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RealTime IT News

The First Celebrity Internet IPO

I was mocked last Friday, vilified, when I predicted that soon every person in America would be their own Internet IPO. And then along comes a former Reagan Cabinet member to support my thesis and salvage my tattered pride.

Serendipity's name in this case is Dr. C. Everett Koop, once U.S. Surgeon General and now arguably the most admired medical professional in the country, the lone possible exception being that tall, thin guy with the round glasses on "ER."

Koop also is chairman of an Austin, Texas-based online health and medical information start-up that bears his name.

The company, formed in July 1997 as Personal Medical Records and now known as drkoop.com, filed with the SEC last Friday to go public under the Nasdaq symbol "KOOP." (Note: They scoffed when I laid out a scenario in which people would be given their own ticker symbols.) Drkoop.com and underwriters Bear Stearns, William Blair & Co. and Wit Capital hope to raise $50 million in the offering.

In Koop we trust

In the short, storied annals of Internet stocks, this is nothing less than the branding play of all time. The bet being made here is Dr. Koop is so well-recognized and trusted - think Abe Lincoln meets Marcus Welby -- that people seeking medical information will flock to his health care portal before all others.

And why not? Just look at the direct competition: Companies with names like accesshealth.com, healthgate.com and intelihealth.com. Nothing there to quicken the pulse. In contrast, if you close your eyes, you can hear the chant on the trading floor: "Koop, Koop, Koop..."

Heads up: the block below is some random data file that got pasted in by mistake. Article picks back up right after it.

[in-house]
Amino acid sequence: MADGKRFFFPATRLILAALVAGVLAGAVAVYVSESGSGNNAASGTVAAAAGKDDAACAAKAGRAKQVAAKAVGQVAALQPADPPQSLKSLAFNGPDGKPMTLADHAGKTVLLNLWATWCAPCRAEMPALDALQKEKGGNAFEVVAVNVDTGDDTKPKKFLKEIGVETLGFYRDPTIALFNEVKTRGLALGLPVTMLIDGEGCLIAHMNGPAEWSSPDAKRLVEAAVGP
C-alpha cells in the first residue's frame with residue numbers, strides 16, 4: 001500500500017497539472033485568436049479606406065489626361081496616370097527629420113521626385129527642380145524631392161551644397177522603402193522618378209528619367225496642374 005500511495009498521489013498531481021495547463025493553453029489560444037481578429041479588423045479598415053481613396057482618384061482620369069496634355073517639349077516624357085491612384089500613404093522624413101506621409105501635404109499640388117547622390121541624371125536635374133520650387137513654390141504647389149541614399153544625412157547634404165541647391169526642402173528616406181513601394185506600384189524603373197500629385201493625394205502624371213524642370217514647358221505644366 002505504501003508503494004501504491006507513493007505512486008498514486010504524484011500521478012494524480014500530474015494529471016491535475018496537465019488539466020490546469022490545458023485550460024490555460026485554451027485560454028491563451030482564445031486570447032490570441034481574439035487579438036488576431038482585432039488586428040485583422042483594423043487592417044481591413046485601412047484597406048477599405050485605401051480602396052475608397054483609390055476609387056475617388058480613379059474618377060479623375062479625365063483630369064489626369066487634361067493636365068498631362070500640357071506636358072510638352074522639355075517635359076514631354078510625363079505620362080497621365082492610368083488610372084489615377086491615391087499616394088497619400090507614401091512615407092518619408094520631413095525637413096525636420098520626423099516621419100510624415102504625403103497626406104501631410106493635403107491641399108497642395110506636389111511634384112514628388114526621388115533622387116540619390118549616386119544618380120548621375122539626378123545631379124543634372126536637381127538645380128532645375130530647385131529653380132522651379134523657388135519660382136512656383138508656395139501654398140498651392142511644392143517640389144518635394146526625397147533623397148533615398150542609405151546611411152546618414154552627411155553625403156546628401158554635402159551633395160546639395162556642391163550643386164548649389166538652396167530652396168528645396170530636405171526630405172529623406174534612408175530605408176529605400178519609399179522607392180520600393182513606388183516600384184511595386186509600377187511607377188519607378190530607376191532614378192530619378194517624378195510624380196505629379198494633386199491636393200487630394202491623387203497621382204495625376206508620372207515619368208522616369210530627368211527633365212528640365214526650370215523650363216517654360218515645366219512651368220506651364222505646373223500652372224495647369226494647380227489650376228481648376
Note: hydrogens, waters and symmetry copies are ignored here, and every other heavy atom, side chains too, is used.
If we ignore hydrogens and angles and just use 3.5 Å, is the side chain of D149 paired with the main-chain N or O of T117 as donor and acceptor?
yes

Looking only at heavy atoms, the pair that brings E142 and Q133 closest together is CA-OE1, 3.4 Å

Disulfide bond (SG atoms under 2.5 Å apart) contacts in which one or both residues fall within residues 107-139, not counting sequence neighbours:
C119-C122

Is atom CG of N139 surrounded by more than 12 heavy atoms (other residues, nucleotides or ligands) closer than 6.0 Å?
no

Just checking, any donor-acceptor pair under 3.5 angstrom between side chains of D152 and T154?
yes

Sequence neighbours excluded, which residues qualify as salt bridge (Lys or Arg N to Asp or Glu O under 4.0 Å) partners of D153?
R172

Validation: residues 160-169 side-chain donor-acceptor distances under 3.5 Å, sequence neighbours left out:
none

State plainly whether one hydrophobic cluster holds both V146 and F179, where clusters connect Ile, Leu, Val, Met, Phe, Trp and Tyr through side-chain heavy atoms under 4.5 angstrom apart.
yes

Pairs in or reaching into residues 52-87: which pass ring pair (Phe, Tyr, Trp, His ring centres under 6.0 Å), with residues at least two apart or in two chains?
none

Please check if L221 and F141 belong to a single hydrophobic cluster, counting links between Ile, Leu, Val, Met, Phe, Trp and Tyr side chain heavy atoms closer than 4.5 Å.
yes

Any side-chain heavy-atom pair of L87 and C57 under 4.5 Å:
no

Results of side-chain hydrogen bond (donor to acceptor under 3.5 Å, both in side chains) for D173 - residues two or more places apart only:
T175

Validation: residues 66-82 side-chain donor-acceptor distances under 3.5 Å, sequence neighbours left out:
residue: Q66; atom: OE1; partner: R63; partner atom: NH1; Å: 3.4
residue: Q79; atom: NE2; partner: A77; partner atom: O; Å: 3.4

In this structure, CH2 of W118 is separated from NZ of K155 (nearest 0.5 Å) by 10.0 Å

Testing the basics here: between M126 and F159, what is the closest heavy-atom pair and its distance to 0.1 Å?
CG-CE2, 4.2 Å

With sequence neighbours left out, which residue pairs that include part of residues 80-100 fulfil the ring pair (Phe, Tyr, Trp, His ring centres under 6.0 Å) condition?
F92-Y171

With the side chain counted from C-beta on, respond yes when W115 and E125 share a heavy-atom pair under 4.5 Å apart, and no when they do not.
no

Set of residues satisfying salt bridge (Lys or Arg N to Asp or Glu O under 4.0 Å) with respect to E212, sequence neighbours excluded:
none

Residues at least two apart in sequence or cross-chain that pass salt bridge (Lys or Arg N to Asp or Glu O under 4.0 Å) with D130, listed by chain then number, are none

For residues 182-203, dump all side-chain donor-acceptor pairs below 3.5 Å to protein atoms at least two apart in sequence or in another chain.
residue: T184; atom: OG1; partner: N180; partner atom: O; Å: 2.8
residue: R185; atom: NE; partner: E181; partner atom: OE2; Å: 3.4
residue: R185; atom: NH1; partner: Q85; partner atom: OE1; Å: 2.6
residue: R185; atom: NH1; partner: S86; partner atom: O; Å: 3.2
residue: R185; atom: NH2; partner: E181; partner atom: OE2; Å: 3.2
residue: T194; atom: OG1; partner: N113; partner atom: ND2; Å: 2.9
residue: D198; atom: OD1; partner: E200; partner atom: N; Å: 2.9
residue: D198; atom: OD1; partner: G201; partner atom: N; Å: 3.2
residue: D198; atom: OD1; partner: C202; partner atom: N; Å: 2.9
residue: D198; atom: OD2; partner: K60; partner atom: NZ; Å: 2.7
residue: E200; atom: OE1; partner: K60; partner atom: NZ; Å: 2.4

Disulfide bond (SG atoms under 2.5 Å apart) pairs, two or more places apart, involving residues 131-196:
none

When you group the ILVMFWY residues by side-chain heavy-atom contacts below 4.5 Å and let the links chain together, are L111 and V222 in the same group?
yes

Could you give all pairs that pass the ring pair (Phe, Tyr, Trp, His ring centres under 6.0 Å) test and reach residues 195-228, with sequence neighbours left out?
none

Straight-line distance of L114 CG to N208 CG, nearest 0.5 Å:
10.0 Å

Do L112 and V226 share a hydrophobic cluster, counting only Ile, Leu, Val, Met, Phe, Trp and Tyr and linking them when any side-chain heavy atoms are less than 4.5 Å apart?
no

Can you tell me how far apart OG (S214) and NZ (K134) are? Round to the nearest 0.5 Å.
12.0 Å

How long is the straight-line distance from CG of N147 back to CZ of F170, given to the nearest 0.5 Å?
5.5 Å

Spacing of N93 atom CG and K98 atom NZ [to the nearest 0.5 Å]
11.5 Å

Drkoop.com's business model involves a mix of advertising, subscription and e-commerce transaction revenues drawn from advertisers, vendors, and health care organizations. Multiple income streams are nice, but in drkoop.com's case they are mostly a fervent wish - revenue in 1998 was a paltry $43,000.

That figure isn't quite as bad as it looks. The site went live last July, but didn't start generating revenues until November, when it launched a subscription-based Web site co-branding service for local health care organizations. And the first banner ads on drkoop.com didn't appear until December.

Ultimately, drkoop.com's prosperity will be determined by its ability to drive traffic for advertisers. To that end, the site offers visitors an impressive variety of healthcare content on an easy-to-read, inviting home page. Besides information and tips on nutrition, fitness and chronic illnesses, drkoop.com features access to medical databases and a network of more than 100 hosted chat support groups.

In addition to its content, other traffic generators include links to drkoop.com from Internet portals and other Web sites, as well as health care organizations.

The company reports that through last month, drkoop.com drew more than 2.6 million unique users, of which more than 83,000 are registered.

Of course, the magnet that will most effectively draw health care consumers to the site is the man and the brand. Much of the proceeds from the IPO are intended for a costly advertising and marketing campaign to promote koop.com. Expect to see Dr. Koop all over the media in coming months promoting his site, which is billed as "Your Trusted Health Network."

As for Dr. Koop himself, he will own 11% of the company after the IPO, but has a five-year deal in which he lends his image, name and likeness to drkoop.com in return for 2% of the revenue. The biggest shareholder will be CEO Don Hackett, a former executive at Physician Computer Network who is in line to own 30%.

Drkoop.com, with no track record and no proven model of success, is asking investors to make a large leap of faith. But it is a damned intriguing one. Expect a big buzz as the company builds to its splashy offering.



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